116 BSBE, 437 BSBW
Joined the Department in 2021
- B.Sc., Neuroscience, University of Texas at Dallas. 2009
- M.Sc., Neurobiology and Behavior, Columbia University. 2010
- Ph.D., Neuroscience, Vanderbilt University. 2015
- Postdoctoral research, Stanford University. 2015-2016
- Postdoctoral research, Washington University. 2016-2021
Organisms have evolved endogenous circadian (~24 h) rhythms to anticipate reliable daily events such as the light cycle. These rhythms are synchronized to local time by the master circadian pacemaker, the suprachiasmatic nucleus (SCN). The SCN, with its well-defined inputs (light) and reliable outputs (daily rhythms) is a uniquely advantageous model in which to investigate the fundamental neuroscience question of how genes, neurons, and circuits interact to influence behavior and physiology. Dissecting the circuits that regulate circadian rhythms is also crucial to understand how their disruption contributes to disease including metabolic, cardiovascular, and mood disorders. Determining the coding strategies of these circuits will inform future experiments investigating the circuit basis of circadian dysfunction that both leads to, and is a symptom of, disease.
Dr. Jones’ research to date has focused on understanding the inputs to, network regulation of, and outputs from the SCN that together generate circadian rhythms in behavior and physiology (Jones et al. 2015, 2018, 2021). To this end, Dr. Jones has developed novel methods to measure and manipulate in vivo circadian rhythms in firing and gene expression in individual animals over multiple days. These methods are critical to understand how, mechanistically, SCN firing interacts with clock gene and firing rhythms in downstream neurons to regulate circadian physiological and behavioral outputs.
The overarching research goal of the Jones Lab is to understand how circadian output from the SCN is encoded by downstream neurons to ultimately generate diverse endocrine, autonomic, and behavioral rhythms with different phases and waveforms. We aim to answer critical questions including: does SCN firing induce or shift circadian gene expression and firing in (subsets of) target neurons? Do these neurons encode daily timing signals from different SCN neuron types? How do these neurons integrate circadian input with signals from other brain regions? And, ultimately, how do rhythms in these neurons regulate circadian outputs?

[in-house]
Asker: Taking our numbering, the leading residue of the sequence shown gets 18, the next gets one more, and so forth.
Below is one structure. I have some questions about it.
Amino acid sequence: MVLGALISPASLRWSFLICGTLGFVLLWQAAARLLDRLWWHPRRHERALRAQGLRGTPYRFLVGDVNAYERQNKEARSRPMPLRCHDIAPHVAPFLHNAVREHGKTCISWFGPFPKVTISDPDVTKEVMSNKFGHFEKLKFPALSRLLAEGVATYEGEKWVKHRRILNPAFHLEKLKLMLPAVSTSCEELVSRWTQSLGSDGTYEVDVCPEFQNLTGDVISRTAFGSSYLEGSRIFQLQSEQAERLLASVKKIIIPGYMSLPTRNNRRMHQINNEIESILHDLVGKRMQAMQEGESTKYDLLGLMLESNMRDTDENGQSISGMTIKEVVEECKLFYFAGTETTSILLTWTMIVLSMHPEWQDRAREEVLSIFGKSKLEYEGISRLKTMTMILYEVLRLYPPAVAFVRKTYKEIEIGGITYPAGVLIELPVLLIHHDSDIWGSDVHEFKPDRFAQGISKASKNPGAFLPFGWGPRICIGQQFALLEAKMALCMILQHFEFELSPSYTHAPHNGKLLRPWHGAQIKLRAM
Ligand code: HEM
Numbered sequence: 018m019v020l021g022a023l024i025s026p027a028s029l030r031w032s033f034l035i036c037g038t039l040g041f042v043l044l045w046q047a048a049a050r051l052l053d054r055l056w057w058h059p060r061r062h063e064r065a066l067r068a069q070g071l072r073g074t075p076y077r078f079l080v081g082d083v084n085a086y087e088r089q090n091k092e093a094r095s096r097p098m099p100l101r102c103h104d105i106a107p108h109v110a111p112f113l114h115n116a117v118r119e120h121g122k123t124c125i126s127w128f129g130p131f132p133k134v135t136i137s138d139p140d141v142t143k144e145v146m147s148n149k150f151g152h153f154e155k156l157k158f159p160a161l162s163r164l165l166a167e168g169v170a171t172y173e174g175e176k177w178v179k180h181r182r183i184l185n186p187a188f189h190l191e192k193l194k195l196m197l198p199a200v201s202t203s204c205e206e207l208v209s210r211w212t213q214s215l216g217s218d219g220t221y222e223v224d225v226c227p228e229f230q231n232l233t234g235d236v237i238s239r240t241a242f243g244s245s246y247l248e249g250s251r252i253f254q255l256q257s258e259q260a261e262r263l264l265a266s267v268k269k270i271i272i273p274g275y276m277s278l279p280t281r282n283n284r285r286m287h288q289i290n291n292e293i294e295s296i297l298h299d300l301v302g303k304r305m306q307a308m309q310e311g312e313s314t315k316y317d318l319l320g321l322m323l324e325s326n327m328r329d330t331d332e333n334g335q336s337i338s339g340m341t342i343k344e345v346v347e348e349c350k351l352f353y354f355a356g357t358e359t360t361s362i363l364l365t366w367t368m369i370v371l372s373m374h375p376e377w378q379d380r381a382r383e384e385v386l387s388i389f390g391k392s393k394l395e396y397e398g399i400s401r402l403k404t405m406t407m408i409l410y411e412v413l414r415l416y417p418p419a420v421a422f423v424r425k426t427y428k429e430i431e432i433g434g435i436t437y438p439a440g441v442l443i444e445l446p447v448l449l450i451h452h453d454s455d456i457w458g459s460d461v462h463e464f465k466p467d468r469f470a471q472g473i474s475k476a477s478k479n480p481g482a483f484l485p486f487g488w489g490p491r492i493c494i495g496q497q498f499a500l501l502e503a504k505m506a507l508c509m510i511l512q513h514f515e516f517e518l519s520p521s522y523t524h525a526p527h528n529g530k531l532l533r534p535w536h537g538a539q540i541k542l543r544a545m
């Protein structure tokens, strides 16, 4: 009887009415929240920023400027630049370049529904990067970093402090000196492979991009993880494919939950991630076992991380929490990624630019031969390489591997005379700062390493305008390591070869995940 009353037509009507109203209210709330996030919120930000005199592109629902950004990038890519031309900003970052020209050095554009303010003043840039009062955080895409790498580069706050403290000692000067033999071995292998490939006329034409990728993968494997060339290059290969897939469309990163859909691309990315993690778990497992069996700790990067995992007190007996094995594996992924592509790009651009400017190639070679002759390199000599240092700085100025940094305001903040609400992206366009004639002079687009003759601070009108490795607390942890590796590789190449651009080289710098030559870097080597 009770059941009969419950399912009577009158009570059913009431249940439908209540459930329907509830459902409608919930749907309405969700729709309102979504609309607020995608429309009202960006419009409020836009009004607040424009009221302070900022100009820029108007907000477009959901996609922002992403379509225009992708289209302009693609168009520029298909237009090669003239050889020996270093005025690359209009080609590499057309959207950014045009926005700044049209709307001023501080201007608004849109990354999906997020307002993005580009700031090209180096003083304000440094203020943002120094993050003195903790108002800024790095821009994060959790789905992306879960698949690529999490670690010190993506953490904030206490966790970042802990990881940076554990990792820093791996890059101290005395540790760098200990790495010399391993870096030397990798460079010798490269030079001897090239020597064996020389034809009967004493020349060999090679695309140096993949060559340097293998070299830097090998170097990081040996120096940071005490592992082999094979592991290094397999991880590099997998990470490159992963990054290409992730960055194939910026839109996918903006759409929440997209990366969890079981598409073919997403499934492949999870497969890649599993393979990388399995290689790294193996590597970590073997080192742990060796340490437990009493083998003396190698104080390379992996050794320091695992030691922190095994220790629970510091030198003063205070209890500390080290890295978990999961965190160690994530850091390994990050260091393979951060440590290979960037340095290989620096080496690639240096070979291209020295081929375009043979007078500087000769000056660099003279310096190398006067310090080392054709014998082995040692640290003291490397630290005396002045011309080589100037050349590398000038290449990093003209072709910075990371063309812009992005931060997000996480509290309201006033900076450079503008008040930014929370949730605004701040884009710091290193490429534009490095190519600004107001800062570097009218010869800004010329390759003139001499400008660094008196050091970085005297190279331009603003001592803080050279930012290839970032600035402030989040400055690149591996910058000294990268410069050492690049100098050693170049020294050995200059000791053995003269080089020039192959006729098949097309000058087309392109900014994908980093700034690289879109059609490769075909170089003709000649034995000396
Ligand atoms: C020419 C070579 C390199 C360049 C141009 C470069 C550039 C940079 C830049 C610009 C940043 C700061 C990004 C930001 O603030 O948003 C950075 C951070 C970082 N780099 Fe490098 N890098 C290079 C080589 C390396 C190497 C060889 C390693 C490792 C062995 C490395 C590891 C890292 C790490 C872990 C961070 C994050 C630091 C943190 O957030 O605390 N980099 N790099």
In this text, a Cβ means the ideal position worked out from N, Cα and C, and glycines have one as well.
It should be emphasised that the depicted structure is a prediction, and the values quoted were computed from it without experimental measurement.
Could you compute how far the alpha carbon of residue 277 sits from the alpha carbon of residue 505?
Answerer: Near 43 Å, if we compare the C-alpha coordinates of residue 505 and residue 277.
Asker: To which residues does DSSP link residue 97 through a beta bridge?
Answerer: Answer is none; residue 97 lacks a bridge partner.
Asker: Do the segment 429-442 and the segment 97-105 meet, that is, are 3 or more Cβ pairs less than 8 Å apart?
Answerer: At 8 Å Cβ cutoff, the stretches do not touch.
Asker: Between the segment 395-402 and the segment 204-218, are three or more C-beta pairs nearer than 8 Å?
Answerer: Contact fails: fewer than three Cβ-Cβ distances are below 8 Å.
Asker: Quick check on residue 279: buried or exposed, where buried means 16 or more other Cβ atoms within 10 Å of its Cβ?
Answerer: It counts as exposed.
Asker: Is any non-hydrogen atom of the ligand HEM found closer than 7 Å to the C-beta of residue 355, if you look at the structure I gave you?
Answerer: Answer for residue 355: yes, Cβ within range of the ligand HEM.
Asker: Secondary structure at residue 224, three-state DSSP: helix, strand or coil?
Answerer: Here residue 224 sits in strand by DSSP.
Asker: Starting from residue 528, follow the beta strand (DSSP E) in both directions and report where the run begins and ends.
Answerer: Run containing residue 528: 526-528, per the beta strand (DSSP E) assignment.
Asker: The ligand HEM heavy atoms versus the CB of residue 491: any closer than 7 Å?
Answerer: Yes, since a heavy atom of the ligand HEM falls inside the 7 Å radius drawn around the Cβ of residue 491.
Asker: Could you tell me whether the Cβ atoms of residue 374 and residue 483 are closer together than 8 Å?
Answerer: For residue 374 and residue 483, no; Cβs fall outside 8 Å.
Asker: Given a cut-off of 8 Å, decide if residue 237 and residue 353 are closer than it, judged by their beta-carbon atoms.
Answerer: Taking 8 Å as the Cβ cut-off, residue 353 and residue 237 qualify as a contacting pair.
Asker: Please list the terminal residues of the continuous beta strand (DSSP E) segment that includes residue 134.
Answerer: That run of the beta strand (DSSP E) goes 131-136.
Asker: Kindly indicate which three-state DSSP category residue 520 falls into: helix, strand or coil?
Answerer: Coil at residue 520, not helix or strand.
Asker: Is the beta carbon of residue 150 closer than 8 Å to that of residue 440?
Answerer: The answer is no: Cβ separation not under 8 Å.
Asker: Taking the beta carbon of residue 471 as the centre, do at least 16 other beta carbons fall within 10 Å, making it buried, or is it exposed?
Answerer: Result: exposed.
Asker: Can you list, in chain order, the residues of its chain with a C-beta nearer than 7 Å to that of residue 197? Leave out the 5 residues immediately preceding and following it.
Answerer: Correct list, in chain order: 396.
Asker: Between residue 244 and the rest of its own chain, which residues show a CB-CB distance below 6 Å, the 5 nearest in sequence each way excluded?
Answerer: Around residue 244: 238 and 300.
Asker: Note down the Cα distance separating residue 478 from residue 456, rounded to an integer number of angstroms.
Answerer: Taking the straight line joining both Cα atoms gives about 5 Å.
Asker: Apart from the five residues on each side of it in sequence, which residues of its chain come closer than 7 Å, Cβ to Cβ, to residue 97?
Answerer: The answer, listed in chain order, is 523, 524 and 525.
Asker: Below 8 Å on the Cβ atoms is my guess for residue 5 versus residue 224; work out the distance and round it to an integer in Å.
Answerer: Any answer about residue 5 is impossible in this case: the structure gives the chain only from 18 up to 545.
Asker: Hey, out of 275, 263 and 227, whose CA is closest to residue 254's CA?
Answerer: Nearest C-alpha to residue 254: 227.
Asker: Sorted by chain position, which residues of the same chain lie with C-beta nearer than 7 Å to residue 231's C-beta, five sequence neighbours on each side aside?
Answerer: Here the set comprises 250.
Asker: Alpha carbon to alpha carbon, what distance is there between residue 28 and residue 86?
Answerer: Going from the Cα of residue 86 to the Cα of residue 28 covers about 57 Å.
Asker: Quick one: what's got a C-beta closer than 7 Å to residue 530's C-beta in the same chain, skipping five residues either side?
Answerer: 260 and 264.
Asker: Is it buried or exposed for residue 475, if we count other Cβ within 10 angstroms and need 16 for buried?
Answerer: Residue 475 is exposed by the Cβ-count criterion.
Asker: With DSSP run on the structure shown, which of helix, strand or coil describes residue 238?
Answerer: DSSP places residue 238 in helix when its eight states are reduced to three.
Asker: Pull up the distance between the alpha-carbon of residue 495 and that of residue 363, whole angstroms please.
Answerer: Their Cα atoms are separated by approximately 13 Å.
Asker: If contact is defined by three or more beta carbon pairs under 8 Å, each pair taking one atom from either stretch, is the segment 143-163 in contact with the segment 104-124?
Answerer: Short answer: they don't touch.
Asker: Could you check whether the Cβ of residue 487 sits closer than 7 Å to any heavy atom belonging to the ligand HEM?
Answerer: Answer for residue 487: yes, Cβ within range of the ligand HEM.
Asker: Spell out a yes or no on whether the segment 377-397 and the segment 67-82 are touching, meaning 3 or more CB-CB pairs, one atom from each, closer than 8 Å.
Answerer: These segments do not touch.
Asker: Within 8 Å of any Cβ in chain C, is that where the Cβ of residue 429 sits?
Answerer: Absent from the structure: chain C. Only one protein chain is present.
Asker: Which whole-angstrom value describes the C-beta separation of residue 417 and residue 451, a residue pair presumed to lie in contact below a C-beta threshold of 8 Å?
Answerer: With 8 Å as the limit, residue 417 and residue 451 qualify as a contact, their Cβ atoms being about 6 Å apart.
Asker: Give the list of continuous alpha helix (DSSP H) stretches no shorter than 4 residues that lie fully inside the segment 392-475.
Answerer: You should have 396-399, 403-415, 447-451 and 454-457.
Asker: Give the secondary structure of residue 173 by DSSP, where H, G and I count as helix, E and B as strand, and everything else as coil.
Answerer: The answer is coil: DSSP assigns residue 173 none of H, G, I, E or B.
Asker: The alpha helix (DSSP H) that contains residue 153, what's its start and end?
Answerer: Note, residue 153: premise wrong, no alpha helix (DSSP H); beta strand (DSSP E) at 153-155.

- Jones JR, Chaturvedi S*, Granados-Fuentes D, and Herzog ED. “Circadian neurons in the paraventricular nucleus entrain and sustain daily rhythms in glucocorticoids.” (Under review, Nature Communications)
- Myung J, Nakamura TJ, Jones JR, Silver R, and Ono D. “Editorial: development of circadian clock functions.” Front. Neurosci. (2021)
- Jones JR and Herzog ED. “Elucidating wiring diagrams for circadian regulation of hormonal rhythms.” In: Biological Rhythms. (Honma K, Honma S, ed). Sapporo, Japan: Hokkaido University Press (2020)
- Jones JR, Tackenberg MC, and McMahon DG. “Optogenetic methods for the study of circadian rhythms.” Methods Mol. Biol. (2020).
- Jones JR, Simon T, Lones L, and Herzog ED. “SCN VIP neurons are essential for normal light-mediated resetting of the circadian system.” J. Neurosci. 38(37):7986-7995 (2018).
- Mazuski C. Abel JH, Chen SP, Hermanstyne TO, Jones JR, Simon T, Doyle FJ, and Herzog ED. “Entrainment of circadian rhythms depends on firing rates and neuropeptide release of VIP SCN neurons.” Neuron. 99(3):555-563 (2018).
- Tackenberg MC, Jones JR, Page TL, and Hughey JJ. “Tau-Independent Phase Analysis: A novel method for accurately determining phase shifts.” J. Biol. Rhythm. 33(3):223-232 (2018).
- Eban-Rothschild A, Rothschild G, Giardino WJ, Jones JR, and de Lecea L. “VTA dopaminergic neurons regulate ethologically relevant sleep–wake behaviors.” Nat. Neurosci. 19:10, 1356-1366 (2016).
- Jones JR and McMahon DG. “The core clock gene Per1 synchronizes molecular and electrical circadian rhythms.” PeerJ. 4:e2297 (2016).
- Jones JR, Tackenberg MC, and McMahon DG. “Manipulating circadian clock neuron firing rate resets molecular circadian rhythms and behavior.” Nat. Neurosci. 18, 373- 375 (2015).